The Federal Government Should Consider Medical Marijuana a Potential Ally in the Fight Against Opioid Addiction

By Shailin Thomas

The United States is in the midst of what many are calling an opioid epidemic. According to the American Society of Addiction Medicine, more than 1.9 million people in the U.S. have a substance use disorders involving prescription pain medications, and another 580,000 have substance abuse issues with heroin. The human costs of these rates of addiction are staggering.   Of the approximately 50,000 lethal drug overdoses that happen each year, almost 20,000 are the result of prescription opioids, and another 10,000 are the result of heroin. While prescription painkillers traditionally aren’t as dangerous as heroin, the connection between the two is well established. According to a 2013 survey, about 80% of heroin users started out abusing opioid painkillers.

Despite continued efforts at nearly every level of government, the rates of opioid addiction and overdose have continued to climb. However, researchers have identified an unlikely ally that may have quietly been slowing the rise of opioid use in certain states: medical marijuana.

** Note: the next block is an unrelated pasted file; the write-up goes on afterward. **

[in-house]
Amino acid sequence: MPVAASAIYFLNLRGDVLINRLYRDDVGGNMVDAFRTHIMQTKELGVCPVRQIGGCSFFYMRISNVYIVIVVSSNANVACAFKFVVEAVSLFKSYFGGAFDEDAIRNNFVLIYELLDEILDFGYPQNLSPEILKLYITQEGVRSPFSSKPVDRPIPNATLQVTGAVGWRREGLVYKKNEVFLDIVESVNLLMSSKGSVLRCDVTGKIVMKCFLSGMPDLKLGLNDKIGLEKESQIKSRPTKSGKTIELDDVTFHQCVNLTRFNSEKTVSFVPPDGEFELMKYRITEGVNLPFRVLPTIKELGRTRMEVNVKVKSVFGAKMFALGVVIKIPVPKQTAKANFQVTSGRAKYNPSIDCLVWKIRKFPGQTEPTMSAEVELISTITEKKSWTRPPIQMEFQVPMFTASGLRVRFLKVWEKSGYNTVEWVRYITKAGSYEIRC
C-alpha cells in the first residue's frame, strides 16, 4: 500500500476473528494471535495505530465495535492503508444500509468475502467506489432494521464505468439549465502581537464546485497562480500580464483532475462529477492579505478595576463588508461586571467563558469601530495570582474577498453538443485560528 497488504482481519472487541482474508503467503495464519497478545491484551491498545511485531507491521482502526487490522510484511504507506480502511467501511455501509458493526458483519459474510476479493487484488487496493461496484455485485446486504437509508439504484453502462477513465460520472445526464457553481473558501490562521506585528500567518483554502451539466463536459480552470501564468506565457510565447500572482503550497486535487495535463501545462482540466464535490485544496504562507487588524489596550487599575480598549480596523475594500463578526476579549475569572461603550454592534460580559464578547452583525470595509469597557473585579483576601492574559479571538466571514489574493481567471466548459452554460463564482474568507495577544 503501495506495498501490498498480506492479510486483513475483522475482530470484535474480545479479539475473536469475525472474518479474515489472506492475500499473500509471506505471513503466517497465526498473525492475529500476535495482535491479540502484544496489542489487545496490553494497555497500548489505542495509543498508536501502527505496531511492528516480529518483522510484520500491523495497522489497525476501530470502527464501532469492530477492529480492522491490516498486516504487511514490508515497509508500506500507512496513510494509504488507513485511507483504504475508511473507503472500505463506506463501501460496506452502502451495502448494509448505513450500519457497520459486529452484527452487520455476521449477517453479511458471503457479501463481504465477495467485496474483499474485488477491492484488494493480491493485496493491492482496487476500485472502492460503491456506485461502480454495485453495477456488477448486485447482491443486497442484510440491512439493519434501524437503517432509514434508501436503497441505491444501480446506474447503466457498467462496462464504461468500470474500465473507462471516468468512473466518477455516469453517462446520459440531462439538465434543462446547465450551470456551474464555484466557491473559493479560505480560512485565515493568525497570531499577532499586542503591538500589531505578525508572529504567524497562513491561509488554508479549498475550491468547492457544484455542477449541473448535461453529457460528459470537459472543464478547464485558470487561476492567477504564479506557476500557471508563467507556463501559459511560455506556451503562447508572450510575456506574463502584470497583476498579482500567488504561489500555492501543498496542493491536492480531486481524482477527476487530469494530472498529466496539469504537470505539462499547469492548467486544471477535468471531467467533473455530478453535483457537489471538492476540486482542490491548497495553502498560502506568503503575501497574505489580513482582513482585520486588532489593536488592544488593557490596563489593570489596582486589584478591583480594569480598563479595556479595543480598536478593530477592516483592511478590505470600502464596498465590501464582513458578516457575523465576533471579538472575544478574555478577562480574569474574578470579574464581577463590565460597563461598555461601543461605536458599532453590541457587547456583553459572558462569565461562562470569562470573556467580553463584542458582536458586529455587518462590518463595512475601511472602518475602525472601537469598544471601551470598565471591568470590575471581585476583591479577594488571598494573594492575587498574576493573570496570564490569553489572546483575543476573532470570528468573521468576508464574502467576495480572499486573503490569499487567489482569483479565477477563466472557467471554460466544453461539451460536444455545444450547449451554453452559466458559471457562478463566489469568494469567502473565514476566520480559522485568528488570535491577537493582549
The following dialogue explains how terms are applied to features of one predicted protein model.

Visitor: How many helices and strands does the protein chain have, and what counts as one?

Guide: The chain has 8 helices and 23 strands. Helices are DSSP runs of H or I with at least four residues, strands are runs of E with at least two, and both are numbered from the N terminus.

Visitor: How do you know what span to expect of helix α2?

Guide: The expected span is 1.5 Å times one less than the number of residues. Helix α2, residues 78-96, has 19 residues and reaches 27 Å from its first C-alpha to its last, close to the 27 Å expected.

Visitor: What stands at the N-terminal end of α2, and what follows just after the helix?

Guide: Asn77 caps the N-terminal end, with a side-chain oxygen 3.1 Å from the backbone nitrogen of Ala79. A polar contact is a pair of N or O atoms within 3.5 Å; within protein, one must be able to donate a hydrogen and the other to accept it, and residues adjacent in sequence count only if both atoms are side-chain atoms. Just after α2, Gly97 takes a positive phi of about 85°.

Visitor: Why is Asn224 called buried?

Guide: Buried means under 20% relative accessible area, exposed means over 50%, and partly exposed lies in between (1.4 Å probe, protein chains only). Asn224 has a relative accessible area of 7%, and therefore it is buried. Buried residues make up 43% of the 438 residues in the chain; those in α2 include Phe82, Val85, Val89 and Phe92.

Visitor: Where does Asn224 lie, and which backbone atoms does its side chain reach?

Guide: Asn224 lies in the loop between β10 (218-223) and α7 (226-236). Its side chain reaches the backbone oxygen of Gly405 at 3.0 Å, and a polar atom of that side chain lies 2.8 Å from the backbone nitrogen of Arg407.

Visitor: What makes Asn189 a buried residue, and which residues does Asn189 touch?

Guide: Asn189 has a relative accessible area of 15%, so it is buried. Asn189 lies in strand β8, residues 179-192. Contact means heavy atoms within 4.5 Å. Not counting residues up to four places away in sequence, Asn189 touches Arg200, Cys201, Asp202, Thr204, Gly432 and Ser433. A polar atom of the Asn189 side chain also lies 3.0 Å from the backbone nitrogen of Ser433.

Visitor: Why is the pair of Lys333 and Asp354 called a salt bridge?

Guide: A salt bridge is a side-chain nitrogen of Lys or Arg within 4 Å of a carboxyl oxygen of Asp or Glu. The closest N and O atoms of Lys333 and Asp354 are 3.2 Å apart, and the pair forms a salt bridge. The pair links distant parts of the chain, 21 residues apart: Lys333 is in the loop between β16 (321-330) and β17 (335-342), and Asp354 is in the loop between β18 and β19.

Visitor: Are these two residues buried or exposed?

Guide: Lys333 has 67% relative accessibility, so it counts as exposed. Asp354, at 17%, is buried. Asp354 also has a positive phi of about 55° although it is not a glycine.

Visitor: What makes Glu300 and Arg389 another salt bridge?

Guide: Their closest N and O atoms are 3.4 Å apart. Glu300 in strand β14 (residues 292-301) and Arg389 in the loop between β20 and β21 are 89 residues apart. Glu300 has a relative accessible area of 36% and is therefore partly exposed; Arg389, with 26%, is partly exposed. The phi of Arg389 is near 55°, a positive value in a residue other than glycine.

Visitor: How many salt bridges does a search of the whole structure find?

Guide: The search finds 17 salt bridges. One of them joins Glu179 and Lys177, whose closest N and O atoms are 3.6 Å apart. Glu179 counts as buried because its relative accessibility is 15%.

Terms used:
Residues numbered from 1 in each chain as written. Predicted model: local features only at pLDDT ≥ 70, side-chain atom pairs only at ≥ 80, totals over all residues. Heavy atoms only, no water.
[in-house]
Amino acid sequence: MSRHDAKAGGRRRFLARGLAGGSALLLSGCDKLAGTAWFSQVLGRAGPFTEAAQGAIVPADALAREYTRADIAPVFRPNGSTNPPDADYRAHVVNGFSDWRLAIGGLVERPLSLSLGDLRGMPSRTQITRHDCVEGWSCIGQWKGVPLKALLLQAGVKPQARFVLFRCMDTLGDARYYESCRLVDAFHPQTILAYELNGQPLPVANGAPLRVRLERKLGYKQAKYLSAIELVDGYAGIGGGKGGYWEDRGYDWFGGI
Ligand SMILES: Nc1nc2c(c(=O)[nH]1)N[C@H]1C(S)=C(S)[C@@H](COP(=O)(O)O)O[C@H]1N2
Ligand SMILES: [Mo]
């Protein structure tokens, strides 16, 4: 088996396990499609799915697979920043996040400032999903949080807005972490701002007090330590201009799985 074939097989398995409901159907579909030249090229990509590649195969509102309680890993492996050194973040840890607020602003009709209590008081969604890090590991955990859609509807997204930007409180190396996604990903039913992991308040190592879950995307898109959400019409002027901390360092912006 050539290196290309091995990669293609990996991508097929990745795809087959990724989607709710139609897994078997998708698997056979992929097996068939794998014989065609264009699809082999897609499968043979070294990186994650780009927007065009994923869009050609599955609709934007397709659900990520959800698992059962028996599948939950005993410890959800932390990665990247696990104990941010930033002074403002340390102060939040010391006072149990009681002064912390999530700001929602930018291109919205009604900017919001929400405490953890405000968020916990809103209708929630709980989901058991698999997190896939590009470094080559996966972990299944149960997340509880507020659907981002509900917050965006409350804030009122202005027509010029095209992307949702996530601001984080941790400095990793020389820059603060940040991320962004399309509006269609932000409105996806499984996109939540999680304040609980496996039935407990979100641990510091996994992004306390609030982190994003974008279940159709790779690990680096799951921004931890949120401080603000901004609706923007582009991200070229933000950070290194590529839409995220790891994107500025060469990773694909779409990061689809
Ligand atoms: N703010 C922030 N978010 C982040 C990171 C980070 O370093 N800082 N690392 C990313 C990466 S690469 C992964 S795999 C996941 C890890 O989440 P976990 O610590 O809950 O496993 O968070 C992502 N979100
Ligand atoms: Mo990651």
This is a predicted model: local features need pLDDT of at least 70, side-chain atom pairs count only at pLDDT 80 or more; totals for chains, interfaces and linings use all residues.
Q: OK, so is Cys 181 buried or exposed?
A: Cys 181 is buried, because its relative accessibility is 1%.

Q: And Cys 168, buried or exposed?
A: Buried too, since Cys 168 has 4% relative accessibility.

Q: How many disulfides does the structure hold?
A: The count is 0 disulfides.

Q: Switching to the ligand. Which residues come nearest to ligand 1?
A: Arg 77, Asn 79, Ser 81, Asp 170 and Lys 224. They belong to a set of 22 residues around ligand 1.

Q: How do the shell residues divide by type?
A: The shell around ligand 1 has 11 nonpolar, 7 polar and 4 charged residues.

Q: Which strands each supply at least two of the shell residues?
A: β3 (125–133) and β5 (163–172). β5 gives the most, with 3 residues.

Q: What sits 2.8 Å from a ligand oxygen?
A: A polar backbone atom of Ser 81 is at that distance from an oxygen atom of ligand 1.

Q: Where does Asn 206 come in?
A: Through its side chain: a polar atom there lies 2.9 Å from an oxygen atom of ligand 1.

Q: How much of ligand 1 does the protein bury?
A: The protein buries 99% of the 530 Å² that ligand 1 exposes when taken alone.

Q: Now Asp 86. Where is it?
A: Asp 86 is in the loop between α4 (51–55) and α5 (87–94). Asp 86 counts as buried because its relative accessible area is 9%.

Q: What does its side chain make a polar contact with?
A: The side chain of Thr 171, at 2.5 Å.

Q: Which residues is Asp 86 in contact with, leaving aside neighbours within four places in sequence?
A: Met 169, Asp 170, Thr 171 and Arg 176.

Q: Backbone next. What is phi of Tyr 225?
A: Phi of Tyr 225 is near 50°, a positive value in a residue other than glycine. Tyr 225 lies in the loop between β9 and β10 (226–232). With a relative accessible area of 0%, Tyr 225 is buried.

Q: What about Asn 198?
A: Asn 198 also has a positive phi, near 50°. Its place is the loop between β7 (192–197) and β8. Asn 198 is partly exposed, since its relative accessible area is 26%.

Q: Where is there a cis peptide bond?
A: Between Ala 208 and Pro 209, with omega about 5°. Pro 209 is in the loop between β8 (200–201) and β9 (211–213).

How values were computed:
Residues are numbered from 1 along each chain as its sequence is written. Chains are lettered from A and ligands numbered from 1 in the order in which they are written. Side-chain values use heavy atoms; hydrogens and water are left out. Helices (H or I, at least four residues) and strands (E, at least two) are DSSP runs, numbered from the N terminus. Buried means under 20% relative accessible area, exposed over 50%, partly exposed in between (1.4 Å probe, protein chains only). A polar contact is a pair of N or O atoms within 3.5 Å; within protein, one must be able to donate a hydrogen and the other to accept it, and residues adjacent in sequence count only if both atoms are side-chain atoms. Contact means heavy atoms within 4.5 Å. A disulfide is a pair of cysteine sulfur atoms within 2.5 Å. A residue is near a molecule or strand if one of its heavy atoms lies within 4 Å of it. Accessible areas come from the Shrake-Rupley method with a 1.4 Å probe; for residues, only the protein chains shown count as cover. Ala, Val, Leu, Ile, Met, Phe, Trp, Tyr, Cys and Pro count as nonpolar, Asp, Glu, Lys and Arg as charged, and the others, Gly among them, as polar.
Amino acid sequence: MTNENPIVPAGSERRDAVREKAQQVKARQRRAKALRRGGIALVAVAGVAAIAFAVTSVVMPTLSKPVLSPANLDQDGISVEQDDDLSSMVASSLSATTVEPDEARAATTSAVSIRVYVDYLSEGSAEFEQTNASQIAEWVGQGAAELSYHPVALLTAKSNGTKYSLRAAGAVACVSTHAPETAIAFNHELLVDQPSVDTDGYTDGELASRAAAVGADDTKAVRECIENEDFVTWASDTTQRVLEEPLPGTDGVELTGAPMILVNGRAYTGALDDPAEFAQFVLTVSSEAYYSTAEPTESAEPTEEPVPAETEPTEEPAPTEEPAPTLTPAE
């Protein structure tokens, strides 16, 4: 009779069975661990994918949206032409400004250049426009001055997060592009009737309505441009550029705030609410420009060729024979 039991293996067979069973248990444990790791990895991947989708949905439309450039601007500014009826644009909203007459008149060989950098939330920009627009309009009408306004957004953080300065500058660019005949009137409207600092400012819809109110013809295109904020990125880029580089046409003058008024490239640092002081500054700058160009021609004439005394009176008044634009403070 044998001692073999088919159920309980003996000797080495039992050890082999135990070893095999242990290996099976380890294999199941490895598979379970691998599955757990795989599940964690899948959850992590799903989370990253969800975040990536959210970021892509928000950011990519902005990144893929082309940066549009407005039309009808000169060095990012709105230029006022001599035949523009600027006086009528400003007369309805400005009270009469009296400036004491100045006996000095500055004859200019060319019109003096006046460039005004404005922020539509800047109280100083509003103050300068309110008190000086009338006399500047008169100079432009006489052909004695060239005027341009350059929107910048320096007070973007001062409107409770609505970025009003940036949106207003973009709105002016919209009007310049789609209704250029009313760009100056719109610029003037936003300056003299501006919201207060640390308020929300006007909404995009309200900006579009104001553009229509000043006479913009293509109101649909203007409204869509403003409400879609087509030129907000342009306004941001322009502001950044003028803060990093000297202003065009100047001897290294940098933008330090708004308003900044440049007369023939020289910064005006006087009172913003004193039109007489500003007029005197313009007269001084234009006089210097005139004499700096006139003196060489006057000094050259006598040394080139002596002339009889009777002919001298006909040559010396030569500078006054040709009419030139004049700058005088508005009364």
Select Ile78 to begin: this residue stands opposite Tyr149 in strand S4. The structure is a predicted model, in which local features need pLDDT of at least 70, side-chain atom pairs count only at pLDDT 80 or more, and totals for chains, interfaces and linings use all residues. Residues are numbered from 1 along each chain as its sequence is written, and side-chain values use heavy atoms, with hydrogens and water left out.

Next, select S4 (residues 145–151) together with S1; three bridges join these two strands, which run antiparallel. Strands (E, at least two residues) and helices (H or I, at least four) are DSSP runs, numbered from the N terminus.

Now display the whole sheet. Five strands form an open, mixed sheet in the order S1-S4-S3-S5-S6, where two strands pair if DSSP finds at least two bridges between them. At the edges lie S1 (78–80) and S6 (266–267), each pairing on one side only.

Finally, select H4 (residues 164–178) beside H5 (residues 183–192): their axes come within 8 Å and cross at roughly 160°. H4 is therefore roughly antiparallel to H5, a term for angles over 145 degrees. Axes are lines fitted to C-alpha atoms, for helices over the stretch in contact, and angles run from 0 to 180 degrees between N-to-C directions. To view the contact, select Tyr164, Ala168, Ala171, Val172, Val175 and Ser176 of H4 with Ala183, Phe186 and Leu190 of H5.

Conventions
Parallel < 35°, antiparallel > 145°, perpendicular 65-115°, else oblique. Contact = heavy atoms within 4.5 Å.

A study recently released by Columbia University’s Mailman School of Public Health suggests that medical marijuana availability is linked to decreases in opioid usage. The study looked at opioid prevalence in autopsy reports from fatal car accidents over 14 years, and found that states that passed medical marijuana laws in that period saw a relative decrease in opioid prevalence compared to states that didn’t. While this study is making a splash, it’s just the most recent piece in a long line of research into the connection between medical marijuana availability and opioid use. One study published in Health Affairs in July showed that states which implemented medical marijuana laws between 2010-2013 saw a significant decrease in Medicare Part D prescriptions filled for medications for which marijuana is a possible alternative therapy — including opioids. Another study from 2014 showed a 25% decrease in deaths from prescription pain medication overdoses in states that implemented medical marijuana laws. Continue reading